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Issue No 3, 16 February 2005

This week EHI Primary Care reveals what practices and primary care trusts in England will have to do to earn their share of the £95 million of the Department of Health incentives for Choose and Book, announced by the health secretary, John Reid, in January.

Individual practices could receive £6,000 by June for doing little more than registering to participate in Choose and Book. If it hits all the incentive payments on offer a PCT could earn an additional £150,000 to £200,000 for introducing Choose and Book, but as usual the devil is in the detail, so read our report to get the full story.

We also report this week that the Scottish Executive Health Department is considering the procurement of an alternative IT system for Scottish GPs.

In Comment and Analysis this week Fiona Barr reports on how NHS staff can benefit from the government's Home Computing Initiative.

And finally a reminder that the closing date for 2005 E-Health Innovation Awards, being jointly run by E-Health Insider and Intellect, is 1 March. Details on how to enter the awards and book your ticket for the presentation dinner can found at the E-Health Innovation Awards website.




Practices could get £6,000 for Choose and Book by June
GPs could receive about £6,000 per practice by the end of June this year if their primary care trust meets the Department of Health?s targets for Choose and Book, according to implementation details.

Scotland considering buying replacement GP system
The Scottish Executive Health Department is considering the procurement of an alternative IT system for Scottish GPs.

InPS updates Vision with DXS software
In Practice Systems has announced that it is to upgrade its Vision system with a free version of Point of Care, a decision support software package from DXS.

£300k offered for research into NHS IT attitudes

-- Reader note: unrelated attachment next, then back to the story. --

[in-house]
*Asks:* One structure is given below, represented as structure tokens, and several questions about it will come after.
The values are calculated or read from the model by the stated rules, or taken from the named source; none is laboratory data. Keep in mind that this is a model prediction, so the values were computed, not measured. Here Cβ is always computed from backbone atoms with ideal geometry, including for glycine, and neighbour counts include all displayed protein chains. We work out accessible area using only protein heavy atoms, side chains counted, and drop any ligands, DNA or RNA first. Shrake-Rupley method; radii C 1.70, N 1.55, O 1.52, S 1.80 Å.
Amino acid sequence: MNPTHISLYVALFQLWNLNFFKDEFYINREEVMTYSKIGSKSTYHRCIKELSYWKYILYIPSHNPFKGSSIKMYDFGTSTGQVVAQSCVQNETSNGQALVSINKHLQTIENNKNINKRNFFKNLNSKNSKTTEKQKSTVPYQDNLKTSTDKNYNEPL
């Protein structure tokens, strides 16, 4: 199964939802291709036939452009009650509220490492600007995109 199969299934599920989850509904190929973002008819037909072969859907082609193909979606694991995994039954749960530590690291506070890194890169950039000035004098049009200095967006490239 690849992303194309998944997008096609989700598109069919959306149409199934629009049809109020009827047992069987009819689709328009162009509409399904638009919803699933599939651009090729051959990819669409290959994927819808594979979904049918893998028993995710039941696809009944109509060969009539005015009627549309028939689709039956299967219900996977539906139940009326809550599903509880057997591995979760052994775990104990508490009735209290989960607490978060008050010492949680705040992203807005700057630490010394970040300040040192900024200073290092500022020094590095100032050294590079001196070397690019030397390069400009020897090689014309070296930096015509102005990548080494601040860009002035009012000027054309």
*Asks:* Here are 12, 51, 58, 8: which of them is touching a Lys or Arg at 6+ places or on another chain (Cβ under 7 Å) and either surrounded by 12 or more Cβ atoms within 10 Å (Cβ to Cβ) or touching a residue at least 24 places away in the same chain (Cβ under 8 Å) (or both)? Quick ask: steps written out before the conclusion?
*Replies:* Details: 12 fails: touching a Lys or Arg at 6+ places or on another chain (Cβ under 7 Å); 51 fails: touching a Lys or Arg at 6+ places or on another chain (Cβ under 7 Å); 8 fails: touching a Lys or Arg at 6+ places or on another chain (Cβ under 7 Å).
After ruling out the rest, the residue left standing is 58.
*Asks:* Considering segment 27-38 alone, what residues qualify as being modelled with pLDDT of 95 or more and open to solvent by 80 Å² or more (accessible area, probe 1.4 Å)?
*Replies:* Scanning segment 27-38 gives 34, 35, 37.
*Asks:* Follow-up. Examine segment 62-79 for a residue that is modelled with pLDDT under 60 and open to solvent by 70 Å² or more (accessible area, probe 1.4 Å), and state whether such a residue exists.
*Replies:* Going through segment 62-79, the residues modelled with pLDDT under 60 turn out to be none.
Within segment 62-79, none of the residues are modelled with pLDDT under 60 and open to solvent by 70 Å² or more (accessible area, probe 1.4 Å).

The NHS Service Delivery and Organisation R&D programme have put out a call for proposals, offering £300,000 for research into topics including attitudes of healthcare professionals towards e-health and how uptake of technology can be increased.

NPfIT urged to communicate with nurses
The Royal College of Nursing have called for better communication between nursing staff and the National Programme for IT, and has offered to help the programme reach out and talk to them.


LaptopCheap as chips
The Home Computing Initiative provides savings for both employees buying PCs and their employers. Fiona Barr looks at how it works in the NHS.

Waiting to connect
How soon will GP2GP transfer be possible? E-Health Insider Primary Care looks at progress so far, and how much of the NPfIT needs to be in place before it becomes operational.

NPSA backs biometrics for patient identification in GP surgeries
A report commissioned for the National Patient Safety Agency has recommended that biometric technology, such as iris scanning, would be the most appropriate method of identifying patients in the context of primary care. Researchers at Cambridge Consultants cited the example of Wells Park Surgery, Sydenham, London, where fingerprints are used to identify patients who want to access their records. Other systems, such as barcoding and RFID tagging, are more appropriate for use in other areas of care. "The use of technology to prevent mismatching is clearly both desirable and achieveable but requires a methodical approach," concluded researchers.

Data sharing project developed by PCT nominated for award
Hillingdon Primary Care Trust has been nominated in the 2004 Leadership in Health Informatics Accolade Scheme for their Interim Care Programme Approach Database (ICPAD), which allows clinicians access to electronic mental health records across a number of the PCT's legacy systems in several situations, including out-of-hours and in A&E. "It's been done on a shoe-string, and developed in-house," Catherine Knights, Director of Mental Health at Hillingdon PCT, told EHI Primary Care. "We weren't expecting that we would get into the final." Five of the ten nominated initiatives will win £5000 for their work at the Healthcare Computing conference in Harrogate in March.

Breast cancer care guide launched
A guide to the range of breast cancer services available nationally has been launched by the charity Breast Cancer Care. Your Guide to Breast Cancer Services, said to be the first comprehensive guide to breast cancer services, was produced using data supplied by health information service Dr Foster. The guide is intended to support individuals and their families affected by the disease make informed choices about their treatment. Copies are available here.

"Will practices implement Choose and Book for £6,000? Given the money and the
technology our practice would be happy to do so within reason."
Devon GP and chairman of the NHS Alliance Dr Mike Dixon.

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